Moving forward with the history. Did you know that the founder of Illuminati Adam Weishaupt lived in Regensburg in 18th century? He started the Order of the Federation of the Perfectibilists. Despite what many films and books claim, the goal of the order had nothing to do with sinister and evil powers. On the contrary, ”the light of reason” which was long pressed by church dogmas was to be exposed in order to create the new world order.
The aim was a complete reform of a government, religion and education. Virtue, wisdom and science should prevail over persecution and despotism. High ranking noblemen and celebrities of the time, like Goethe, became members of Illuminati. Shortly after their foundation, some hundred years later, they were forbidden in Bavaria.
The founder walked through the city of Regensburg, near the city gate, they encountered a heavy storm. They were strucked by the lightning and killed on spot. As the God was outraged by their idea. A list of members was found in his clothing which led to the slander and persecution of the rest.
Talking about fun facts, remember the story from Prague about alchemist Johanes / Jan Keppler? He also lived here in Regensburg making his theories on physics and planetary movements. Later he was accused on witchcraft for printing his Rudolphic tables. So he had to run to save his head. Turbulent times this Regensburg brings.
And then a bit of German understanding of the space – Heidplatz. Its name derives from the wasteland, place to be hidden, but large and open. During the Middle Ages, it was a place of Knight Tournaments, attracting jugglers, inventors, and exhibitionists to perform. In 1673 there was a legendary performance by french Charles Bernovin who tight himself into a rope attempting to strape with fireworks. Performance was unsuccessful and he died in front of the eyes of the public.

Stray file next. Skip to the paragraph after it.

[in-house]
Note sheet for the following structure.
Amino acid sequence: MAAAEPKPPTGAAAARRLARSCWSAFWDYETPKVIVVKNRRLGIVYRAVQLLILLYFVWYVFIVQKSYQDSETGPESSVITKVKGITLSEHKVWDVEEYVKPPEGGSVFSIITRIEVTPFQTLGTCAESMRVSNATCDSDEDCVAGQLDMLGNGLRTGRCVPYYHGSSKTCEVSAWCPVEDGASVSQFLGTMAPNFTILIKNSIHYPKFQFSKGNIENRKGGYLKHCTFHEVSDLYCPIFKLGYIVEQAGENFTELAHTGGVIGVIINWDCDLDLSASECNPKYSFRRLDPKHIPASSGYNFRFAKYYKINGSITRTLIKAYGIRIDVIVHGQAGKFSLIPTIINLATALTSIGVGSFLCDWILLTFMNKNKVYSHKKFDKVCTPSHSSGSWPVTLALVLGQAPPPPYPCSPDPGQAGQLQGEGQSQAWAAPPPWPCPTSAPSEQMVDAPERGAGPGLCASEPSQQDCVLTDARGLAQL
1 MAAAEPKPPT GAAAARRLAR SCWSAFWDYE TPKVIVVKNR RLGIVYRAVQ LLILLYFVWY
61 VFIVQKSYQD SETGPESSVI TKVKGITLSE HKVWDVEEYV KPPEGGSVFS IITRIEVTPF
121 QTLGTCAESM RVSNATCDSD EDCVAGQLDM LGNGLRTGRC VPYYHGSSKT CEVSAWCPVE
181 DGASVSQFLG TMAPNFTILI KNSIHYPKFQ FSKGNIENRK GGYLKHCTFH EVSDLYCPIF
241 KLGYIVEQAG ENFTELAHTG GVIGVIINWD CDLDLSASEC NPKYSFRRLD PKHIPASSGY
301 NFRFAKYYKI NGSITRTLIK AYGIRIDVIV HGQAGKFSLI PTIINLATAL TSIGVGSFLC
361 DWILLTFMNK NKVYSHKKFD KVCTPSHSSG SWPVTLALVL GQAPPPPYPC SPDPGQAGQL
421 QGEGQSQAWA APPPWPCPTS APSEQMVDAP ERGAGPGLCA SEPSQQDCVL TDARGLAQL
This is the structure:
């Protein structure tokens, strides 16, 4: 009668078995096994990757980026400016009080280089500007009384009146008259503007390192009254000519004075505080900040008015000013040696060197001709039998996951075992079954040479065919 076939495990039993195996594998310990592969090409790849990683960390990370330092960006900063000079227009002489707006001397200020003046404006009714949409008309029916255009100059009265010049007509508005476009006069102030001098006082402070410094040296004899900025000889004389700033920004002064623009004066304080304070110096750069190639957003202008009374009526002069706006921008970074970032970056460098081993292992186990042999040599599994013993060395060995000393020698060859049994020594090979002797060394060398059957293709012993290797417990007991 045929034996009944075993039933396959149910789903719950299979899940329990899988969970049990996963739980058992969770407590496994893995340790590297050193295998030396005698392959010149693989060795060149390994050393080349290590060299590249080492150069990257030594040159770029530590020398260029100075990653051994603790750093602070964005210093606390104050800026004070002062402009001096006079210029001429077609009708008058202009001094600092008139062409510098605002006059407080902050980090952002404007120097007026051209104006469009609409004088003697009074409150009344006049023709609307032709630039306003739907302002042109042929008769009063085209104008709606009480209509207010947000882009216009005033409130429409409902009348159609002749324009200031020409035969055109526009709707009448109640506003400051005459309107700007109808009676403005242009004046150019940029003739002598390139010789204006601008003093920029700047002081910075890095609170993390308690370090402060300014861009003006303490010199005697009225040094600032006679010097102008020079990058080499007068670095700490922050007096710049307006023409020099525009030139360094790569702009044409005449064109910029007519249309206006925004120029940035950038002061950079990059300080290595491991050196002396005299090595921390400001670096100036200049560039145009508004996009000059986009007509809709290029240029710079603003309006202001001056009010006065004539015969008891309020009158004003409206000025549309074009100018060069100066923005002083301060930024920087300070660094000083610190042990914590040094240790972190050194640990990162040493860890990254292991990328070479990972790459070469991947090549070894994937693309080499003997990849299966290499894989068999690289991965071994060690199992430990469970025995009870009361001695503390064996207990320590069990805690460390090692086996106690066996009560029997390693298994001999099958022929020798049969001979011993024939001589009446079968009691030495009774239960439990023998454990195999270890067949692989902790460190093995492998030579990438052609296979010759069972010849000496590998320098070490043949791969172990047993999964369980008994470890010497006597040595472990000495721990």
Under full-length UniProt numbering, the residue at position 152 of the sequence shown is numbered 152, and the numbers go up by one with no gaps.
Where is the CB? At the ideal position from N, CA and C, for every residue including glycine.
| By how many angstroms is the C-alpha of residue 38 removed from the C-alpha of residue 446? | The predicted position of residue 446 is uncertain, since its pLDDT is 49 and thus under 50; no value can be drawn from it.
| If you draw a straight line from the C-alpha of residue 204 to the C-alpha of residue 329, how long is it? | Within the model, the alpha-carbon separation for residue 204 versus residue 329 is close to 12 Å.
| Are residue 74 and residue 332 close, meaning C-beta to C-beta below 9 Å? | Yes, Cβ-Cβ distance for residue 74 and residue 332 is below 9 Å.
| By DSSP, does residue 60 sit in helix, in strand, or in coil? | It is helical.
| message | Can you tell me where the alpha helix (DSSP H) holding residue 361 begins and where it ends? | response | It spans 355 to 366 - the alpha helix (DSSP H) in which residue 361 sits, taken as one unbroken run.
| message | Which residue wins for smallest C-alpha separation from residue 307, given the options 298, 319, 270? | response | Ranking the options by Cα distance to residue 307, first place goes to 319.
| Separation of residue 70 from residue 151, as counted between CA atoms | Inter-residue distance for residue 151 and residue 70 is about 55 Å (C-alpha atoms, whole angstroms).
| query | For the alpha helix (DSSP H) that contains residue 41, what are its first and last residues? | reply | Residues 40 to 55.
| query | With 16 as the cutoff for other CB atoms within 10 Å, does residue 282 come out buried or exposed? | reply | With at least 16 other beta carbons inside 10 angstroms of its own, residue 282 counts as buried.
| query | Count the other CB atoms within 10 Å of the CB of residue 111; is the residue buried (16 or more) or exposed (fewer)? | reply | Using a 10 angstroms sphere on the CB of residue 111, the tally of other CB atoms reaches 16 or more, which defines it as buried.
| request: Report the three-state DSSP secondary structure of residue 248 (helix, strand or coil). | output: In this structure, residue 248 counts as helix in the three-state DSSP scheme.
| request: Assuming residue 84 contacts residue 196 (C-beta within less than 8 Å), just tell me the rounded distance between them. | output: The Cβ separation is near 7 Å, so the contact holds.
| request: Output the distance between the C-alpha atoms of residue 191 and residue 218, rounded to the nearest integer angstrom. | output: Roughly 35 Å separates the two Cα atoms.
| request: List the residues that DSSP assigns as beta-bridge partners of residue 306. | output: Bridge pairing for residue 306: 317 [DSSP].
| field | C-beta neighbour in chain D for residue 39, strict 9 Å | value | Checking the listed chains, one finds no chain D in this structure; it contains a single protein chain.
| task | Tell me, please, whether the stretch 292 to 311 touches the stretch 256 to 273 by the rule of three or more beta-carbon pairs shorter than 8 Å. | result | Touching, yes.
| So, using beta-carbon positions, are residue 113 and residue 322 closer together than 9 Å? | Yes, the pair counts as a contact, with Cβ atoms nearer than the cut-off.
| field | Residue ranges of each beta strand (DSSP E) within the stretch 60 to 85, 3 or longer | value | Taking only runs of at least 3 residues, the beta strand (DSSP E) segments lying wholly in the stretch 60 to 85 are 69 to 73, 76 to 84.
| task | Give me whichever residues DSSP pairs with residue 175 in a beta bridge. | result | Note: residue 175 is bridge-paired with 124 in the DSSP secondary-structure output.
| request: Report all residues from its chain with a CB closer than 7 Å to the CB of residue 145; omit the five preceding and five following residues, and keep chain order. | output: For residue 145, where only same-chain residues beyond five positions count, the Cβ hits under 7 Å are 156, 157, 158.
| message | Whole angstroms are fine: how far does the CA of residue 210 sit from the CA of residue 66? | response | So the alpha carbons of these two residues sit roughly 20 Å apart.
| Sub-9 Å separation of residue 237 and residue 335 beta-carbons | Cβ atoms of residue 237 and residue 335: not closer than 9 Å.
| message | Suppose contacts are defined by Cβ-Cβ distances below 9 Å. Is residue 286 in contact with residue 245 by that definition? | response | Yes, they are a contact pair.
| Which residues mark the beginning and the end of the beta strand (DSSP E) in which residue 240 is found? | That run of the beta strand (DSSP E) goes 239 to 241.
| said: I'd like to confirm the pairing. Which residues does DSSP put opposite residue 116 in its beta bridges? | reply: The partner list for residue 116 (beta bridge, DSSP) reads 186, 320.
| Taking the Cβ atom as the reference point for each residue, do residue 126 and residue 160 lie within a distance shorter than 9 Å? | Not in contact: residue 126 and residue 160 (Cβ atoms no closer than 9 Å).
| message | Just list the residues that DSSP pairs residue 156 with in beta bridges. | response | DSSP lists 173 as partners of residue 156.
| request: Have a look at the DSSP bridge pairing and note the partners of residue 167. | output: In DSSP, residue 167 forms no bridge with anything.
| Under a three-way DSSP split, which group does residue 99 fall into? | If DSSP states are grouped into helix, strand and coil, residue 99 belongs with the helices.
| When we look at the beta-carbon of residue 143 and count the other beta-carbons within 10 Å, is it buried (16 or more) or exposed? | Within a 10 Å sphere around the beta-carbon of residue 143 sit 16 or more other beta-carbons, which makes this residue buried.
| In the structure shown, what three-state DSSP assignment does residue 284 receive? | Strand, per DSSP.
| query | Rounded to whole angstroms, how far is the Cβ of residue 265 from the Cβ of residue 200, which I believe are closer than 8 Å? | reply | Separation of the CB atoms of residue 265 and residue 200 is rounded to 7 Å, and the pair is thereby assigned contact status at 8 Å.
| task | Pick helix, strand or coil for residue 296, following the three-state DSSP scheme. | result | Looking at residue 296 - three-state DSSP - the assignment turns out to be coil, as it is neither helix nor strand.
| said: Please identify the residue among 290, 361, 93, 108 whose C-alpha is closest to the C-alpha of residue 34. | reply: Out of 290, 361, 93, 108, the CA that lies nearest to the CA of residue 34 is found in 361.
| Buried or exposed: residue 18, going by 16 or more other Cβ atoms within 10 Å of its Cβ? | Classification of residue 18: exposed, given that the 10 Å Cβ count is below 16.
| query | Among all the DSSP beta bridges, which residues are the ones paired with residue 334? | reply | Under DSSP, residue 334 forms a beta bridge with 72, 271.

To the very end, sun was setting, the golden hour was finishing. We took one last walk before the restaurant, in order to use the daylight as much as possible. I remember being amazed how city walk zone is big leaving a lot for the pedestrians to explore.
To the very end, a place to eat and shelter was the Bischofshof am Dom. A pope, numerous cardinals and bishops have already dined here and loved the atmosphere and food when they visited Regensburg.
Not far away from Regensburg, by boat over the Danube or by car via Deutsces Autobahn, you can get to Walhalla. It stands magically above Donaustauf as a vast temple of marble, romantically reminding on antiquity.
It rears up out of the dark greenery around and can be seen the horizon from away with its huge entrance. I remember seeing it from the highway on my way to Croatia. This time I decided to stop and explore. What an episode this will be.
My hotel and restaurant was some local house in Bavaria supercute called die Kupferpfanne. 🙂 On my arrival, I was introduced with big bavarian meals and biers.
But my visit to Walhalla temple was another experience. I spent good hour climbing up the hill, through the forest and hills, overlooking the Danube and the wind directed from there, having -7 degrees. One could not feel more alive.
Upon the arrival, I realised that the winter time instructs the opening in 40 mins. Being motivated, I decided to move further around, explore the area and wait for my time to enter – to admire the German legacy. After all, this place is historical, initiated by Ludwig I, Bavarian King – built in the neoclassical Doric style pantheon. If anything, it is worth to stay just a bit longer to wait for the entrance.
Instead of that, I got the ”Ausweiss bitte,” PCR test = even though I am vaccinated, – proof of the living, birth certificate and blood listing. Overreacting now with the burocracy, of course, but I could have not hide my disappointment, walking down back towards the car, passing through the forest and over frozen fields of corn. Did we overreact a bit with the technocracy during these pandemic times?